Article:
Bouchard sets up Kvitova final
Eugenie Bouchard and Petra Kvitova will contest the Wimbledon final after both claimed commanding victories on Thursday.
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It was a meeting of the two most improved players on the circuit but, after Halep's run to the French Open final, this time it is Bouchard who will bid for a first slam title when she takes on Petra Kvitova on Saturday.
Luck was certainly on 20-year-old Bouchard's side, with Halep turning her ankle early in the match and then seeing a net-cord go against her at a crucial stage of the tie-break.
The second set was all Bouchard and the Canadian, the only player to reach the semi-finals at every slam so far this season, clinched a 7-6 (7/5) 6-2 victory after an hour and 35 minutes.
Ice-cold Bouchard remains unsated by her meteoric rise, refusing to toast her progress at SW19.
"I'm waiting for a big moment to go nuts," she said. "Of course, achieving a lifelong dream like winning a grand slam is very exciting to me.
"But I feel my job is not done here, so there's no need for a huge celebration, because I'm still working. I still have another match.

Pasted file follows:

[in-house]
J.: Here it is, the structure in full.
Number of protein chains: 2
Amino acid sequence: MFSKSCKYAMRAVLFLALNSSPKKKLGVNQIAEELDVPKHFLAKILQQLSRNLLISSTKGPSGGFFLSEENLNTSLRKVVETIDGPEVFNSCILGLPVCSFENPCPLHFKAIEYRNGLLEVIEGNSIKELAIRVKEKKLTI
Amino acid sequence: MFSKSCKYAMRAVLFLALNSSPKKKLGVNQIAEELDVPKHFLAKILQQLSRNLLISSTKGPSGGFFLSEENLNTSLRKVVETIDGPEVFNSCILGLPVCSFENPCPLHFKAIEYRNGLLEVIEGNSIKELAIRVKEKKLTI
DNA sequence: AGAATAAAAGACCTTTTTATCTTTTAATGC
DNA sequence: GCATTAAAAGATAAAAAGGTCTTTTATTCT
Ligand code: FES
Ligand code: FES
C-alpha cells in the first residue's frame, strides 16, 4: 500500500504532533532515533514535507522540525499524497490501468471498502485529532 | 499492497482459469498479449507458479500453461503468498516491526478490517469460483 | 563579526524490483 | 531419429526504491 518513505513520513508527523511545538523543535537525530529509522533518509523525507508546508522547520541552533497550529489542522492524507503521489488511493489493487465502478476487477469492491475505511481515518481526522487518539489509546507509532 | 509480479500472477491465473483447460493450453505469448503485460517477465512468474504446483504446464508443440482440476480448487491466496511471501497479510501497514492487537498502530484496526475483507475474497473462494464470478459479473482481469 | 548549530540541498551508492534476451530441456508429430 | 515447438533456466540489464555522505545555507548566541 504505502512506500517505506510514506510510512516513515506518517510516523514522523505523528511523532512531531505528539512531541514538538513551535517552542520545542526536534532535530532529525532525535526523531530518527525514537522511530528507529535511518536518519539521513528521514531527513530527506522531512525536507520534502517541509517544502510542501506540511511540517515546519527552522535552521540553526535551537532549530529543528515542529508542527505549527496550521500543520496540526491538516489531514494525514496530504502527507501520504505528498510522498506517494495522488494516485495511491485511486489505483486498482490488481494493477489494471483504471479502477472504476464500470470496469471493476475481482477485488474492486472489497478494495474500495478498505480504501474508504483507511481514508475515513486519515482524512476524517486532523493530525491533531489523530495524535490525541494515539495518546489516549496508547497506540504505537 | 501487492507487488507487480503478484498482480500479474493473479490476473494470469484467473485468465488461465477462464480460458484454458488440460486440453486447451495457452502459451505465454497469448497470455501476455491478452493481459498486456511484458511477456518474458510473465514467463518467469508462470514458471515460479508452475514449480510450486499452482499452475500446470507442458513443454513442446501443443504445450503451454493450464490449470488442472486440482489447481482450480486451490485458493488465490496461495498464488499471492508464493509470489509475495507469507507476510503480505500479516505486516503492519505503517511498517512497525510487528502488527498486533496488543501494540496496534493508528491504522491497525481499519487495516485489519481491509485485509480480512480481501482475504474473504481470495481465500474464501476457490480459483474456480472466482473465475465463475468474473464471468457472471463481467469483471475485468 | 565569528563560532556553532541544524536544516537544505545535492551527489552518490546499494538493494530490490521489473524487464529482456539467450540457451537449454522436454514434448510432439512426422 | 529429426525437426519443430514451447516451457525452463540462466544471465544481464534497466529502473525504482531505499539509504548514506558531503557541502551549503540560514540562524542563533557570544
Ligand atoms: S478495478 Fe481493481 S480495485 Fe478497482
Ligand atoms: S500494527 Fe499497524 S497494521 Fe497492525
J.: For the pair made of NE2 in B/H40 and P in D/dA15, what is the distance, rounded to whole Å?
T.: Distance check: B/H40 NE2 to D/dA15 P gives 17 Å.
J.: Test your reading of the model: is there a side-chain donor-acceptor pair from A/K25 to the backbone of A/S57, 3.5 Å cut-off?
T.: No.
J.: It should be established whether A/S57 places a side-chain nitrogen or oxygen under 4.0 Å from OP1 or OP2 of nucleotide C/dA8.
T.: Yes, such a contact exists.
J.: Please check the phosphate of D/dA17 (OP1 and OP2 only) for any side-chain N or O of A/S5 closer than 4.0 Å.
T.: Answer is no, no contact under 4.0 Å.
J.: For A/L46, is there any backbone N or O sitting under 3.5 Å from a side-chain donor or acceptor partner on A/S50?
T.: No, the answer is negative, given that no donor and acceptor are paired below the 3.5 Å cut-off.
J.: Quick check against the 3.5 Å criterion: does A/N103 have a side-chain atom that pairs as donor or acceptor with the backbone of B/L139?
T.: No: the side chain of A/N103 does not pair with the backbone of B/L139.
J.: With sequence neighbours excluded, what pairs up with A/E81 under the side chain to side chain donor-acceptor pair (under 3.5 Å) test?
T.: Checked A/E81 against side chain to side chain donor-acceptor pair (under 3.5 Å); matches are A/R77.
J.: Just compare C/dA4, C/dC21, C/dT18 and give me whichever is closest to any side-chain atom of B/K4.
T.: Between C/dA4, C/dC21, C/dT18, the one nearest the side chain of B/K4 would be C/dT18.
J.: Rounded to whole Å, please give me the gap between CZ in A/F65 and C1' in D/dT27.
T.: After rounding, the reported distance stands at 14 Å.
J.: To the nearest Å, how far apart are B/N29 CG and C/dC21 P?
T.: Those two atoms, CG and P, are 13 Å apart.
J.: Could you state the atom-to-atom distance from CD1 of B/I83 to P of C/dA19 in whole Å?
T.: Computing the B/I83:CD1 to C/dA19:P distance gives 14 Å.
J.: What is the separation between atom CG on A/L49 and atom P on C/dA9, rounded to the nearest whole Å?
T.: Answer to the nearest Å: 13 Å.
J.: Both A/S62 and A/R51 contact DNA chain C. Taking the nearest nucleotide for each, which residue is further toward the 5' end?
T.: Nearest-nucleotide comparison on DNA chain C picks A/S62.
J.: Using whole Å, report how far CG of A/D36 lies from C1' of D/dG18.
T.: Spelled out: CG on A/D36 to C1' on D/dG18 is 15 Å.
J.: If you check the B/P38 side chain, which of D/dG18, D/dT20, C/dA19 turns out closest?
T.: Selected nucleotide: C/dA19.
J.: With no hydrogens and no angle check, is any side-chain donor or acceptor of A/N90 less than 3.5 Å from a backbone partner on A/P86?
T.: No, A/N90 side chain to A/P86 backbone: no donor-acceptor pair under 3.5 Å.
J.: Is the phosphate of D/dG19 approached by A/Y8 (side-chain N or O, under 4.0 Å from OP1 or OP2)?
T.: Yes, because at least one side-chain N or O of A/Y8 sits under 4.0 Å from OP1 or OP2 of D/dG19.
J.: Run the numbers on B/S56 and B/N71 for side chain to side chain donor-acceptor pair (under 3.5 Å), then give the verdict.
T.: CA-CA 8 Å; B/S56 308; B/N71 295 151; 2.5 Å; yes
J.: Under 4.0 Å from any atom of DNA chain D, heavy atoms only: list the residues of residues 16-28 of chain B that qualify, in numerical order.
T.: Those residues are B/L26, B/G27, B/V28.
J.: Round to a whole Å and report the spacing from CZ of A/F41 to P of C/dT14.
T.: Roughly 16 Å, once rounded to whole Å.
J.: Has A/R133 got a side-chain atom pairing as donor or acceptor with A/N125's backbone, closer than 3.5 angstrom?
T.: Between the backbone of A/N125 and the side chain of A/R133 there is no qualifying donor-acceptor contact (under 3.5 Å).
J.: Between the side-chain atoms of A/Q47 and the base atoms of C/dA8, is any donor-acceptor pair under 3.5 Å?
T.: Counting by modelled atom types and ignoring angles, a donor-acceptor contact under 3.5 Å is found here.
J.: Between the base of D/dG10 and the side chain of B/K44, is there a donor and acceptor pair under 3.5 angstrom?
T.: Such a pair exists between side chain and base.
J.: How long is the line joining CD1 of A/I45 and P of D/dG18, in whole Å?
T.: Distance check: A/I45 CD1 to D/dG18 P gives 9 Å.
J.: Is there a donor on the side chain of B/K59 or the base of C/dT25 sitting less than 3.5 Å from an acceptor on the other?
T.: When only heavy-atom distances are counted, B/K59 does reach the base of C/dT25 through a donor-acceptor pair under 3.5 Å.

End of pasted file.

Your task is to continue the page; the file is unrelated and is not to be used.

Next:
"I felt very calm in general (against Halep). I was proud of myself, but I know I have another step."
The 2011 champion saw off Czech compatriot Lucie Safarova in straight sets to reach her second grand slam final.
Kvitova prevailed 7-6 (8/6) 6-1 against 27-year-old Safarova, who always looked slightly overawed in her first grand slam semi-final.
The 24-year-old Kvitova was forced to withdraw from her Eastbourne quarter-final with Britain's Heather Watson on June 19 due to hamstring problems.
She then faced a race against time to be fit for Wimbledon, and has had her thigh heavily strapped throughout the tournament.
Any ill effects are hardly showing though, with the world number six dropping just one set - against Venus Williams in the third round - en route to the final.
Kvitova said: "When I won here in 2011 I needed to change myself both on and off the court a little bit.
"I had to get used to the pressure, I won here quite young, and it was difficult for me to handle it, definitely.
"I'm glad that happened though: I would never change it for something else.
"These years in between have been really up and down, and I knew people were expecting more from me than I delivered.
"It's tough to stay with the pressure every time you step on court, being the favourite isn't easy. It takes some getting used to, definitely.
"That's something that I'm living with now, I don't think it will change - it's part of my life now, and that's it.
"Everything in my life changed after Wimbledon. I'm still working on the mental side, that's something I really need.
"When I'm still living with the pressure, that's what I really need to handle. With my sports psychologist, it's nice to talk with someone who probably knows how I'm feeling before my match.
"He'll be trying to talk to me about the next match, what I should do, what I have to prepare for.
"During the tournament it's really about keeping the focus, sometimes about visualisation, and certainly the little things."